Bar Chart of Race & Ethnicity in New York (2015)
Datawheel, CC0, via Wikimedia Commons
Pie Chart
A pie chart is used to display the proportions of a whole. These charts are useful for percentages. When making a pie chart, please note:
Line Chart
A line chart is a type of chart used to show information that changes over time. We plot line charts using several points connected by straight lines. The line chart comprises two axes known as the 'x' axis and 'y' axis. The horizontal axis is known as the x-axis.
Scatter Plot
A scatter plot is a type of plot or diagram to display values for typically two variables for a set of data.
Scatter plots show whether there is a relationship between two variables. The trend line shows the central tendency of the data.
Yi, M. (2019). A complete guide to scatter plots. Retrieved February, 25, 2021.
Box Plot
A box plot or boxplot is a method for graphically depicting groups of numerical data through their quartiles. Box plots may also have lines extending from the boxes indicating variability outside the upper and lower quartiles.
Michelson experiment (1881)
The Research Data Services department assists with:
Other Resources on Campus
R
is more of a programming language than just a statistics program. it is “a language for data analysis and graphics.” You can use R to create, import, and scrape data from the web; clean and reshape it; visualize it; run statistical analysis and modeling operations on it; text and data mine it; and much more.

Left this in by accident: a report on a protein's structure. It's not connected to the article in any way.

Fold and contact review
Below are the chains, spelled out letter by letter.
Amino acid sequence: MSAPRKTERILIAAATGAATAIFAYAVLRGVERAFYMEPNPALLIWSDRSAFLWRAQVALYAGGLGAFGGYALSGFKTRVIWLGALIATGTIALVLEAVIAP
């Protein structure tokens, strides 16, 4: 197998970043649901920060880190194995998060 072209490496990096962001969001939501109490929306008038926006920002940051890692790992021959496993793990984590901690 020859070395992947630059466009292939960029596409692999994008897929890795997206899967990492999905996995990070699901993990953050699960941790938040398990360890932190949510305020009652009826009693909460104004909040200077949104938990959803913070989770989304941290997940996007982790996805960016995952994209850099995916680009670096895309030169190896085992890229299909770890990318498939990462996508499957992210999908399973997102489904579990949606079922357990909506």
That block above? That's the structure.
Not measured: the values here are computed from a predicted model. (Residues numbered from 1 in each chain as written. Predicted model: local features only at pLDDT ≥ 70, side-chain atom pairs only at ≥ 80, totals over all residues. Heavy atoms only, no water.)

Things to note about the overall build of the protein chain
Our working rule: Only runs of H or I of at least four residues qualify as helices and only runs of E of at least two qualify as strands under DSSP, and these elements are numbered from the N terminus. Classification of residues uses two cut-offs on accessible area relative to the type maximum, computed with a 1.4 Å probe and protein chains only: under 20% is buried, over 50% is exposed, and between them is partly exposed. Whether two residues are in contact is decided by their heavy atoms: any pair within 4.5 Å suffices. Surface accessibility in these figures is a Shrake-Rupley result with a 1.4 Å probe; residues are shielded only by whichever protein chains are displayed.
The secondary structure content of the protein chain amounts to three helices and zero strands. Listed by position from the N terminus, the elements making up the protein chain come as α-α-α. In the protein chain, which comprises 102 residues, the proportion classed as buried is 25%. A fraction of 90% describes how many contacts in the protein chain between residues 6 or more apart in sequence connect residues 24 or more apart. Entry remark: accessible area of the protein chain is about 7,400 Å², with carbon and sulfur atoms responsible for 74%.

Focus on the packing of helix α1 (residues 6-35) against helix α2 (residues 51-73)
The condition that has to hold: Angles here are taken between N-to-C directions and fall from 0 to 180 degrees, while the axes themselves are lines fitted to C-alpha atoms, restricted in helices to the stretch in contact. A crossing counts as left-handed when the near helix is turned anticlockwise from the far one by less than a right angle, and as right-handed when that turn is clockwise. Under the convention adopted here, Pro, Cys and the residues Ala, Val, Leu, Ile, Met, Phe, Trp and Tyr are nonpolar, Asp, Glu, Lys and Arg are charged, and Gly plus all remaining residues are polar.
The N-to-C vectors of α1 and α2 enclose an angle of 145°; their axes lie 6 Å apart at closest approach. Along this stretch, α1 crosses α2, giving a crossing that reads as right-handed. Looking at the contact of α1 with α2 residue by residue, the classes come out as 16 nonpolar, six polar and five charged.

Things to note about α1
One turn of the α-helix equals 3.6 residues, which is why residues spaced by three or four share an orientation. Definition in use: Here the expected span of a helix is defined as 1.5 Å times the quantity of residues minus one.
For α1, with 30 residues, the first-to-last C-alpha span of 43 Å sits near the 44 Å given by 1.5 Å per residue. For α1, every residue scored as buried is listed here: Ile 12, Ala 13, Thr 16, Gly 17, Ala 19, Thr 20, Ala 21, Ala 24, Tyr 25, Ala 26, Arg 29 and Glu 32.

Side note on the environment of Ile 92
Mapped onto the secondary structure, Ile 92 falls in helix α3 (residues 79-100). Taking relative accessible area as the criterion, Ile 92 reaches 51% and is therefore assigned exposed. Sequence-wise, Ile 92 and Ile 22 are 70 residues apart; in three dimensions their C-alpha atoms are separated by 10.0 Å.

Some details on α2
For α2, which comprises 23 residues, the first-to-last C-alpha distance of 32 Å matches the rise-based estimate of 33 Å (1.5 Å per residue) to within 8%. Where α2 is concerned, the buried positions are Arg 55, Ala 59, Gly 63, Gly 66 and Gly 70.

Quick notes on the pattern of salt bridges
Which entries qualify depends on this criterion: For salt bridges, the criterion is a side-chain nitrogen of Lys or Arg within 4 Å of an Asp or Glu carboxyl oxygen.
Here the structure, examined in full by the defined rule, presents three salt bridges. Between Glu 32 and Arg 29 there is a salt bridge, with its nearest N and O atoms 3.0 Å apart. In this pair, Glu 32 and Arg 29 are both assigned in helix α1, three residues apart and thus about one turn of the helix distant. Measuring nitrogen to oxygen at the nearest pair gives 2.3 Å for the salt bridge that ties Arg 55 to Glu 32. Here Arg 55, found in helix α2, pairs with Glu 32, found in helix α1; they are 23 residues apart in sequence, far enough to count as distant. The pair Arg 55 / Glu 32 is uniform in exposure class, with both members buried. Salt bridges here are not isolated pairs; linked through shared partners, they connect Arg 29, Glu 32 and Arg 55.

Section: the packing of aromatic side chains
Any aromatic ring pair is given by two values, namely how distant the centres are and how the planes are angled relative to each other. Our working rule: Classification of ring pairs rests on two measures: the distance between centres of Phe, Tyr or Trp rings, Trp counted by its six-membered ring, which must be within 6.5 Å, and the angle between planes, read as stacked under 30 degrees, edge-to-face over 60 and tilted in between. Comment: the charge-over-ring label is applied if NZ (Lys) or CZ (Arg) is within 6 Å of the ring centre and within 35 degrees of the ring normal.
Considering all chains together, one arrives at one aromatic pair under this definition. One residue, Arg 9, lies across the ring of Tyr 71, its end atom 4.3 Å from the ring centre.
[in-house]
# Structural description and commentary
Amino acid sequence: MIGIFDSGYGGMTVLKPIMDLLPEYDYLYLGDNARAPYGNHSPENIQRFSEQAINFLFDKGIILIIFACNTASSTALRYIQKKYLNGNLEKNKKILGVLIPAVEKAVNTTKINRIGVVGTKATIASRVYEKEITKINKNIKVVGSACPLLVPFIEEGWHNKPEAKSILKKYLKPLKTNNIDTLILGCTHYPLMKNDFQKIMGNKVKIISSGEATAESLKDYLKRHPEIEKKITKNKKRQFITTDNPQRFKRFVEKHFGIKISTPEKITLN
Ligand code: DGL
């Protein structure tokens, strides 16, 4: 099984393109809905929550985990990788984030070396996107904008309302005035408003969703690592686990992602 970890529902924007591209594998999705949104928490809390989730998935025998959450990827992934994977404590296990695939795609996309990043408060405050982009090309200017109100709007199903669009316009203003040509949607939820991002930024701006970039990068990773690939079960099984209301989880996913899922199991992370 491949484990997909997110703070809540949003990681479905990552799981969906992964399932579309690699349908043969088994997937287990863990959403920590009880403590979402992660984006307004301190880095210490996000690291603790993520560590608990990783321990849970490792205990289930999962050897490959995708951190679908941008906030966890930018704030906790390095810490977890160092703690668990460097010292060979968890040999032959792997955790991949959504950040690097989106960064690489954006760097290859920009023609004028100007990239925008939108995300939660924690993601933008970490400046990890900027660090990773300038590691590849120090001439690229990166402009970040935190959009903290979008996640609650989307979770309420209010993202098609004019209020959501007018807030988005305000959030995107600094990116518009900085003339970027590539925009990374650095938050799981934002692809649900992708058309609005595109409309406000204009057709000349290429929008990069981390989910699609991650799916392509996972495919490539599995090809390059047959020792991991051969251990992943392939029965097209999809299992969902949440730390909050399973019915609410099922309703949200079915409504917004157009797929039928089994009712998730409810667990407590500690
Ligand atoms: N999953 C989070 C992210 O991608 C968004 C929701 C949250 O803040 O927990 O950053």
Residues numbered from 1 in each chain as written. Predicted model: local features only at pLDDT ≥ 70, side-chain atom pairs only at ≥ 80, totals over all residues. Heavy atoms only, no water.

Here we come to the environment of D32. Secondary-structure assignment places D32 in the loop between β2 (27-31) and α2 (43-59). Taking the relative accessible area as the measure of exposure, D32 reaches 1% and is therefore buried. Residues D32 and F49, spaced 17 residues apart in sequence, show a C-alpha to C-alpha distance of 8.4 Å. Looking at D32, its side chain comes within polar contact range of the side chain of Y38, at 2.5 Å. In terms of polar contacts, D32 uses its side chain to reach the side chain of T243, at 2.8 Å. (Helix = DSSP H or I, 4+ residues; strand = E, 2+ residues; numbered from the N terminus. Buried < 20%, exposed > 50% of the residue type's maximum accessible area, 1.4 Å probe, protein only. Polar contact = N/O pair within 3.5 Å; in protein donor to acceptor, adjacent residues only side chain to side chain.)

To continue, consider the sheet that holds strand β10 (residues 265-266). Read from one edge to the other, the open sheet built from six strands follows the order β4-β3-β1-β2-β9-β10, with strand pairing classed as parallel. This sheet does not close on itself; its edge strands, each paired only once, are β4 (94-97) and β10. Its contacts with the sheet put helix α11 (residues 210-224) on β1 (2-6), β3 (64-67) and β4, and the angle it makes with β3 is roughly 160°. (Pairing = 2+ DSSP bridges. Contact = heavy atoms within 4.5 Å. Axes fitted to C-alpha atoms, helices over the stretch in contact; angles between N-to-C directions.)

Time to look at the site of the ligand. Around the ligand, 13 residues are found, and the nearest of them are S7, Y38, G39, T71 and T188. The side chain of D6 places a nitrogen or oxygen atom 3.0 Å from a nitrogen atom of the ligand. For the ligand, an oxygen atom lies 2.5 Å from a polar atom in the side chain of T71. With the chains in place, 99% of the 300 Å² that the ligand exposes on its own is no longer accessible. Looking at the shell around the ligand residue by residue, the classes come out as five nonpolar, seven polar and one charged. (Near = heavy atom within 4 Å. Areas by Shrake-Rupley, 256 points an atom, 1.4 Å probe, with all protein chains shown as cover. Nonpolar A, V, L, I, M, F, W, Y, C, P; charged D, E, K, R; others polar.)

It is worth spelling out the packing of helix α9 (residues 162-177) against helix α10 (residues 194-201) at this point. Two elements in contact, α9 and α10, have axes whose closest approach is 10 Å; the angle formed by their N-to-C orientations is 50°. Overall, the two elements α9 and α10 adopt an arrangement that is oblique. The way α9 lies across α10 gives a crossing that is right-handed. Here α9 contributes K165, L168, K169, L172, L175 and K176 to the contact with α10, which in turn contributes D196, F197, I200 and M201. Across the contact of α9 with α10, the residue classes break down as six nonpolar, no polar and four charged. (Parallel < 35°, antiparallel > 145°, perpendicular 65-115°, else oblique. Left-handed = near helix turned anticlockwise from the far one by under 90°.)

RStudio is a user interface for working with R. It is called an Integrated Development Environment (IDE): a piece of software that provides tools to make programming easier. RStudio acts as a sort of wrapper around the R language.
Install R and RStudio
R and RStudio are two separate pieces of software:
.exe
file that was just downloaded.pkg
file for the latest R versionOpen Access e-book: Grolemund, G. (2014). Hands-on programming with R: Write your own functions and simulations. " O'Reilly Media, Inc.".
Python is a high-level, general-purpose programming language. Its design philosophy emphasizes code readability with the use of significant indentation. Python is dynamically typed and garbage-collected. It supports multiple programming paradigms, including structured (particularly procedural), object-oriented and functional programming. It is often described as a "batteries included" language due to its comprehensive standard library.
- from WIKIPedia
NVivo is a software program used for qualitative and mixed-methods research. Specifically, it is used for the analysis of unstructured text, audio, video, and image data, including (but not limited to) interviews, focus groups, surveys, social media, and journal articles
With Tableau, users can upload data from spreadsheets, cloud-based data management software, and online databases and merge them to identify trends, filter databases, and forecast outcomes. Users also can drag and drop information to transform data and instantly create charts and visualizations. Start your free trial of Tableau here.
Google’s free Charts software creates customizable charts, maps, and diagrams from imported datasets.